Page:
New campaign to stop rhino poaching in Kenya
An new anti-poaching campaign is petitioning Chinese government to act against illegal ivory. The online campaign has attracted 11,427 signatures, but organisers need one million signatures to petition the Chinese government where most illegal ivory is exported to.
Killing of elephants and rhinos has increased recently, mostly in private ranches with the latest being a female rhino named Chebii in Ol Pejeta conservancy. “She left a four-month-old male calf,” said Richard Vigne, who manages the 90,000-acre ranch stretching from the Aberdares to Mount Kenya.
Rhinos are some of Kenya's most endangered animals and were was almost poached to extinction from the 1970s to the early 1990s. The numbers were rebounding before the recent wave of poaching. Vigne said once they get one million names he will present the petition to the Chinese Ambassador in Nairobi and take the campaign across Africa.
Images of Chebii's remains showed that poachers also removed her nipples and a piece of vulva, possibly for witchcraft. The campaign was launched on www.change.org, a popular online platform that lets people start their own campaigns. Past successful campaigns on the same platform forced the US government to support women in Saudi Arabia in their quest to be allowed to drive.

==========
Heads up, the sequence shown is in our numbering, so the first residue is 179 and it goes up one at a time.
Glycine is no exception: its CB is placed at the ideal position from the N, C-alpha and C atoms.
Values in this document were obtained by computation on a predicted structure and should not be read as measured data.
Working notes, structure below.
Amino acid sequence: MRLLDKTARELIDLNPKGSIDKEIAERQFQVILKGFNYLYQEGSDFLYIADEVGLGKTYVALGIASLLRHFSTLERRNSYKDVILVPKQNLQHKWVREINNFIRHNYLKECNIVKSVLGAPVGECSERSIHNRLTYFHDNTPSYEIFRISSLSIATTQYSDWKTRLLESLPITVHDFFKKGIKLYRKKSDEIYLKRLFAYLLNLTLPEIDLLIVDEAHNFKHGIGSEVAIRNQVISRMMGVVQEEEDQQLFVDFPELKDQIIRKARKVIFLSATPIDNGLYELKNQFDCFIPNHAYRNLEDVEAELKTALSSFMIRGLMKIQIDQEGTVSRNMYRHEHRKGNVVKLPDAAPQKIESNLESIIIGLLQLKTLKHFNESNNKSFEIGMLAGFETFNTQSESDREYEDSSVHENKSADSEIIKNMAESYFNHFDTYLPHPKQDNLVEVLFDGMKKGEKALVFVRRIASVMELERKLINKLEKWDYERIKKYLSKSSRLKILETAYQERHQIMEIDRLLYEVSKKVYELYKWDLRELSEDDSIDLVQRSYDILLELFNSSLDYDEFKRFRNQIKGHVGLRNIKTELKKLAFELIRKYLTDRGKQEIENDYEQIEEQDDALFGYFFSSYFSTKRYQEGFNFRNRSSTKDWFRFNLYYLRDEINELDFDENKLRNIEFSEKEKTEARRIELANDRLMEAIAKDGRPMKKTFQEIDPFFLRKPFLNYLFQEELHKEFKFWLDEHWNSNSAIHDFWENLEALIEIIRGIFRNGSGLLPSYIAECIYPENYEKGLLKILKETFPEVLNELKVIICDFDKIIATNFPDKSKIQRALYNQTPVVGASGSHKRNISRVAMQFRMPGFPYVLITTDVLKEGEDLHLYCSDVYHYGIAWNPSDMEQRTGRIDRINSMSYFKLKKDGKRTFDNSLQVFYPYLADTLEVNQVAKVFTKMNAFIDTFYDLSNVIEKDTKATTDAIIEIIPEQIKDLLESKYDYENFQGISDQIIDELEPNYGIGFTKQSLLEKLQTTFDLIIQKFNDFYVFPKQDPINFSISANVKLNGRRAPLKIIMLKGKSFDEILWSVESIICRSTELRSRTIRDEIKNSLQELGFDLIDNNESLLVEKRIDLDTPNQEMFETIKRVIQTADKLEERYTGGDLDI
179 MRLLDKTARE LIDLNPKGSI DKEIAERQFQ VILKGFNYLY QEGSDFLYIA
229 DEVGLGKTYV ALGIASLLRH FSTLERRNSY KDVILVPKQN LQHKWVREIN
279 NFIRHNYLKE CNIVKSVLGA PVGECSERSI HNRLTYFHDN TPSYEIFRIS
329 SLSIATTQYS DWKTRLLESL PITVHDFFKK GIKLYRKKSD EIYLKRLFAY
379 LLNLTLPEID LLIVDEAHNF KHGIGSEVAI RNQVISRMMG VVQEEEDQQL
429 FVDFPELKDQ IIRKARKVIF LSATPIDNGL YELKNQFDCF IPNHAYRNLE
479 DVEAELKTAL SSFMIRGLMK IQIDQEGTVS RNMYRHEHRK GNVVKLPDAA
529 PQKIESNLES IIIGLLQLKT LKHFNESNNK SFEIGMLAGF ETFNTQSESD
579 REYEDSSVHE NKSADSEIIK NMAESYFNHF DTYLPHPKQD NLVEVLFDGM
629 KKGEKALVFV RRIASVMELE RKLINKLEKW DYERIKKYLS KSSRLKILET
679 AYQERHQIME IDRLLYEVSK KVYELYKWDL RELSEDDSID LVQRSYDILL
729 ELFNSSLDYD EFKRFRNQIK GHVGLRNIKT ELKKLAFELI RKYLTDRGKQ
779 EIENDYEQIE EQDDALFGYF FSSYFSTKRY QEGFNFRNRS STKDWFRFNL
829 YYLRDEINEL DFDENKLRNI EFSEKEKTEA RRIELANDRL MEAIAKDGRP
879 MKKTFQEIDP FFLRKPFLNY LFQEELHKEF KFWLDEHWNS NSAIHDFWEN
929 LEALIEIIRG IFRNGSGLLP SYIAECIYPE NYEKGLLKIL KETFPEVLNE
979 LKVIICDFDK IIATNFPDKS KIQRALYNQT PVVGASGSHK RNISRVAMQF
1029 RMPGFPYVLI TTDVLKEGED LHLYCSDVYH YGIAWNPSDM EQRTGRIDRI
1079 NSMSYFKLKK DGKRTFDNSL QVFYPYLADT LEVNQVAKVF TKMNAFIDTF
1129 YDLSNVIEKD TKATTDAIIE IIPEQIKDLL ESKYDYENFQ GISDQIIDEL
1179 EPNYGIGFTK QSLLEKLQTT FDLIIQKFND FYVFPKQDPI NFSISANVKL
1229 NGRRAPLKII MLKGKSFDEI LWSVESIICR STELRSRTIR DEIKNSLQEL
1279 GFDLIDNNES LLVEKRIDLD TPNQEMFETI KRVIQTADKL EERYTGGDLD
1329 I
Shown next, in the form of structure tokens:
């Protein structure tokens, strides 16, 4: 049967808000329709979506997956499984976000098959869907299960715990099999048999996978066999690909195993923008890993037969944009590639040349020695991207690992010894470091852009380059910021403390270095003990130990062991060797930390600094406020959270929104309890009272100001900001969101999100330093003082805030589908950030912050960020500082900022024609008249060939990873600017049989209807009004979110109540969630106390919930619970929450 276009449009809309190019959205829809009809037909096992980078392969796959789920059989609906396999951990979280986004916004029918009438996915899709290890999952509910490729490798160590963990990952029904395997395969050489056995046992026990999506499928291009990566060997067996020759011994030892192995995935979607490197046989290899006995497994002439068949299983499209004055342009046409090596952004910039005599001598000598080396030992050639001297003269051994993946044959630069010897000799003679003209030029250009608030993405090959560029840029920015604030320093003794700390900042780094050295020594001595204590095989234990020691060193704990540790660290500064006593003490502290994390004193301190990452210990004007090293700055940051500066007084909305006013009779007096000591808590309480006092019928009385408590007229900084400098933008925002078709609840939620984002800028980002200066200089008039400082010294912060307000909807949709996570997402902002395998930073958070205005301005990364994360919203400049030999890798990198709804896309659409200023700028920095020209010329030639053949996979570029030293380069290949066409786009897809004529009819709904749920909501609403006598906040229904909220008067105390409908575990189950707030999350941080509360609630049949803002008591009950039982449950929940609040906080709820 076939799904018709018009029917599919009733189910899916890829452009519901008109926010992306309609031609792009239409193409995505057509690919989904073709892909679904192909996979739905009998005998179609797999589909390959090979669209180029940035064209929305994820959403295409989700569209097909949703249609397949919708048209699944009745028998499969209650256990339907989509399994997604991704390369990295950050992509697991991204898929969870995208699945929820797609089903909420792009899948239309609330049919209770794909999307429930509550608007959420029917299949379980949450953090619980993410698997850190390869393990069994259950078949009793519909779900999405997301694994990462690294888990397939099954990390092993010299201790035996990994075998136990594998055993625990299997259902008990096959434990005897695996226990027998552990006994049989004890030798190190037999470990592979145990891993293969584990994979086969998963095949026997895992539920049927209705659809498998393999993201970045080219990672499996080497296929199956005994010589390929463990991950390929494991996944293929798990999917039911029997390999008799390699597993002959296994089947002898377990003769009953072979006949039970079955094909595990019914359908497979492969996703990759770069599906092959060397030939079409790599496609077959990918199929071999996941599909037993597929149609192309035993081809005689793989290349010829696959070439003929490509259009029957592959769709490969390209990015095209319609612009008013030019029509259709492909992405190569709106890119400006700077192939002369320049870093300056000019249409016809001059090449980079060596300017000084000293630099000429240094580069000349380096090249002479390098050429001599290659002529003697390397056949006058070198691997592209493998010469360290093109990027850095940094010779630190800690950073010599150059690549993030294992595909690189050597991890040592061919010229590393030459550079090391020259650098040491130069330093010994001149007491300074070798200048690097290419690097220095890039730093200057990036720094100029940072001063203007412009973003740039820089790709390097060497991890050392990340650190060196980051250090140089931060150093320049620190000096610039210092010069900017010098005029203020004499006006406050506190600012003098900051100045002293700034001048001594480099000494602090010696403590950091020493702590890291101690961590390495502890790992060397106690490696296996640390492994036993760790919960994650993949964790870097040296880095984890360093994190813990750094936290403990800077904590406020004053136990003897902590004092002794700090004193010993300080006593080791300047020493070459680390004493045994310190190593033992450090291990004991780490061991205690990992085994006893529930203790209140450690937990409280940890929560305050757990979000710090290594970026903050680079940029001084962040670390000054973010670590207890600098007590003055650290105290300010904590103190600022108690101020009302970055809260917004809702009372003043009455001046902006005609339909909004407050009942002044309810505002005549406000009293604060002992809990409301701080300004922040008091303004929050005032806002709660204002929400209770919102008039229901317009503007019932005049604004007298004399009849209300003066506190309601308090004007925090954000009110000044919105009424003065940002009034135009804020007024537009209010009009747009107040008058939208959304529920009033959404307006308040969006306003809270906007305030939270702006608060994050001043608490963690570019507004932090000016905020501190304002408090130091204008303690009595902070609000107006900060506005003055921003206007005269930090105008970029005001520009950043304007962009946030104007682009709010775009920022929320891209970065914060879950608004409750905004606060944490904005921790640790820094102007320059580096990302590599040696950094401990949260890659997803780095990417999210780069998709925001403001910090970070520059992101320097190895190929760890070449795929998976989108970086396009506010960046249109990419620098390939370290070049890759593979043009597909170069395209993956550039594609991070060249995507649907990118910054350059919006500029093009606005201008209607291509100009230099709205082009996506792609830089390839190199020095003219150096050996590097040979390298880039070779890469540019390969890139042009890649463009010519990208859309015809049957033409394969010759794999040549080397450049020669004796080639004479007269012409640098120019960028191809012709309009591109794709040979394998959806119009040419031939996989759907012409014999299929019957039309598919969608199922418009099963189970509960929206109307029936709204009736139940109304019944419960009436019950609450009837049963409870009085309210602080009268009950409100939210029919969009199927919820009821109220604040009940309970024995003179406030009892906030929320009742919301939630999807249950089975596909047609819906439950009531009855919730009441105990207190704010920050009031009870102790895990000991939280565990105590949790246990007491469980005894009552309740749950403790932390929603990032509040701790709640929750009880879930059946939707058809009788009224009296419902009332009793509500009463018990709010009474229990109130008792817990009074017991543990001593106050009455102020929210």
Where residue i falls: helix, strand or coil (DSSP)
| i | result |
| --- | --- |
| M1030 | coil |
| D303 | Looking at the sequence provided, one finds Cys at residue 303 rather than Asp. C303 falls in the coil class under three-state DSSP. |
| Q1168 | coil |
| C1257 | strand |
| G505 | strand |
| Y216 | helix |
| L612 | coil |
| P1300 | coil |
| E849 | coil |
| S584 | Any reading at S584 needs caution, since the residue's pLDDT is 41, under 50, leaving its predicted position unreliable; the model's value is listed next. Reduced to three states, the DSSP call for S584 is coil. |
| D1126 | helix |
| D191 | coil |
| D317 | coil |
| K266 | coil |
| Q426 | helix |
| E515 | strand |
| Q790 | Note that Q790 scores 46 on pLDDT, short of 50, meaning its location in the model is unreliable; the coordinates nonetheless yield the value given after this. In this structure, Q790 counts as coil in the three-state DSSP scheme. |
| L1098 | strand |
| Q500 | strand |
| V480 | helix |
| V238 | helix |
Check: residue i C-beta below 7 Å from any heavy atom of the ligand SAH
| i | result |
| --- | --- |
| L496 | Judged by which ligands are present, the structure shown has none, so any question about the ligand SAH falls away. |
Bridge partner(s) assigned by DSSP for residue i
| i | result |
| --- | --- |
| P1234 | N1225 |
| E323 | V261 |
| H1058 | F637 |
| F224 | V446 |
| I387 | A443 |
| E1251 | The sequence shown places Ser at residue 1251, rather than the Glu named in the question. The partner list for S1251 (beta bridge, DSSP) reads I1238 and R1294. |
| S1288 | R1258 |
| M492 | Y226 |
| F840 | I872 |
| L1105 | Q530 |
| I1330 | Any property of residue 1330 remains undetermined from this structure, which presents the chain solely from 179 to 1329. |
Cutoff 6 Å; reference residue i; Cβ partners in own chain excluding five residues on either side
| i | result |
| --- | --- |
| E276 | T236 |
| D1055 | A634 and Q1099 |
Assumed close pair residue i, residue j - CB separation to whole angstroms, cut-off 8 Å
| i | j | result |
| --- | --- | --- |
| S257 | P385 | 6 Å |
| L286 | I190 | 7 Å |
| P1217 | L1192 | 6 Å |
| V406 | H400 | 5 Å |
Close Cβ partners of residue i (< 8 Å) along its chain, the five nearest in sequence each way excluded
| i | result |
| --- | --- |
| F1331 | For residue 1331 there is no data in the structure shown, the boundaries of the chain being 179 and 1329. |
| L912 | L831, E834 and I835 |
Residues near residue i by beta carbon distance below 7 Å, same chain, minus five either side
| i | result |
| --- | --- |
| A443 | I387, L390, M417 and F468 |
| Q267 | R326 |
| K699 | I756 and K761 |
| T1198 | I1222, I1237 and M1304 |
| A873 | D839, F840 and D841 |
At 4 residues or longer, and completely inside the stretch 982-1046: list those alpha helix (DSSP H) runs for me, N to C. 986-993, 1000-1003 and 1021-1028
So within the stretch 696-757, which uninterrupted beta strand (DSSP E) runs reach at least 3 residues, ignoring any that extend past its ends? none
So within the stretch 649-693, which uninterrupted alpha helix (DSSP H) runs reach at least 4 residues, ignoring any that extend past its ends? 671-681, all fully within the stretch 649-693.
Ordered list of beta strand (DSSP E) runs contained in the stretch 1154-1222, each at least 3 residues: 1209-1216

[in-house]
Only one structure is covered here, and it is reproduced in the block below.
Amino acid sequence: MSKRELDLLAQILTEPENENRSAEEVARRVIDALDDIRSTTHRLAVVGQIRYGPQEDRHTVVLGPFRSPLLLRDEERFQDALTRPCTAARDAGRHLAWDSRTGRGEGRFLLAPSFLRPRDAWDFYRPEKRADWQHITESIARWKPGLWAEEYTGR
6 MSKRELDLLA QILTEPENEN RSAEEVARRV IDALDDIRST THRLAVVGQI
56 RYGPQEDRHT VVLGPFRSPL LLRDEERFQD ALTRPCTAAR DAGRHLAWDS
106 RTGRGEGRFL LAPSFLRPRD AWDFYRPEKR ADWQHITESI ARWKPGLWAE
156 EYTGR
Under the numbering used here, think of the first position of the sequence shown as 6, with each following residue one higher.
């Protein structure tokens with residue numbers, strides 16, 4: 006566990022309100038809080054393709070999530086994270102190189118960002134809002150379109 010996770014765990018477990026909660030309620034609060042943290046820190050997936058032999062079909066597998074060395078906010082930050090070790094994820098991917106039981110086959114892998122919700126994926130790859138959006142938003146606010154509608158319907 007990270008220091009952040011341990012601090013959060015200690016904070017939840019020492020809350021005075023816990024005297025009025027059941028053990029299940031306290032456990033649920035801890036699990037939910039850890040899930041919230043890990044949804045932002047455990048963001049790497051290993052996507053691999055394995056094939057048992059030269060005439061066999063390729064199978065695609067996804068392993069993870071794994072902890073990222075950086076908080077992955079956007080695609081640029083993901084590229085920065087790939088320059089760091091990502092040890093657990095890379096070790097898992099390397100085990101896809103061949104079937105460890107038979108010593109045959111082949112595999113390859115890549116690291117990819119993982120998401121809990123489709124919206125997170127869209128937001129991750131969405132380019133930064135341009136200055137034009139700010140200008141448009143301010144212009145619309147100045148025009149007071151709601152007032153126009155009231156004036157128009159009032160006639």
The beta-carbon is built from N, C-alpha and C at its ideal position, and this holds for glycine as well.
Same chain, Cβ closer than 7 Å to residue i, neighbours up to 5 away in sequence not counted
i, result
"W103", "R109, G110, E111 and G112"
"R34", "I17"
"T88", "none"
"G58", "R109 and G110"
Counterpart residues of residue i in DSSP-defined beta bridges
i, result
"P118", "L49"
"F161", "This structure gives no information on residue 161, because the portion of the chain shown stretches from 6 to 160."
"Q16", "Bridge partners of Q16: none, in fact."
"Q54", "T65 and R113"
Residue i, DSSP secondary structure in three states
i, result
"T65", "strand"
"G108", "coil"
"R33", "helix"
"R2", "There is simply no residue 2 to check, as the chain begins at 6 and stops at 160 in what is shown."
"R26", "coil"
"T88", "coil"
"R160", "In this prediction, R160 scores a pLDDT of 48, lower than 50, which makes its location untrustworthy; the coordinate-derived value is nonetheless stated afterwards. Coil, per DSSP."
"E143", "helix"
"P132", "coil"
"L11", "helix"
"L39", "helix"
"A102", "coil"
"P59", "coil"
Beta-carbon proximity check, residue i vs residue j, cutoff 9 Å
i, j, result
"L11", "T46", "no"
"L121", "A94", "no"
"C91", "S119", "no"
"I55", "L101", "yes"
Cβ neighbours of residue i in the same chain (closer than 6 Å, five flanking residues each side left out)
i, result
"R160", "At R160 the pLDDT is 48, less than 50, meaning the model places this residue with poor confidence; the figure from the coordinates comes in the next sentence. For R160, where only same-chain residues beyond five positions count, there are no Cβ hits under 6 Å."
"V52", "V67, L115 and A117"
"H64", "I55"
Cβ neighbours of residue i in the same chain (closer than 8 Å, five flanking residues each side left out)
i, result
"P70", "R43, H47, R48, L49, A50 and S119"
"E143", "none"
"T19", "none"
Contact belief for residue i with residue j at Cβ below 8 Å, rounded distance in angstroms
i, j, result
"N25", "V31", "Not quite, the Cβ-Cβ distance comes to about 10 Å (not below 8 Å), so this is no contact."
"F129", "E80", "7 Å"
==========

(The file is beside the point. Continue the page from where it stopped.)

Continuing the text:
In Africa a recent campaign moved the South Africa government to act on “correctional rape” against lesbian women. The petition for anti-rhino and elephant poaching campaign can also be signed on the ranch website www.olpejetaconservancy.org. “We believe the war against poaching is going to be won when countries like China, which has the highest demand for rhino horn and ivory, will take steps to stop this illegal trade,” says Vigne on the petition.
He claims Africa losing an estimated 35,000 elephants a year to poachers. Ol Pejeta, which in 2004 was purchased by UK's conservation group Fauna and Flora International, has about 100 black rhinos and white rhinos. Other rhino killings took place last month in Nakuru and Laikipia where a black rhino and two white rhinos were killed.
Kenya Wildlife Service director Julius Kipng’etich said officers had identified some of the culprits and put in place measures to deter future poaching incidents. "We know who they are but they are on the run for now. Our officers are on the ground pursuing them," he said recently. The Kenyan law says all wild animals belong to the State, even if they are found in private farms.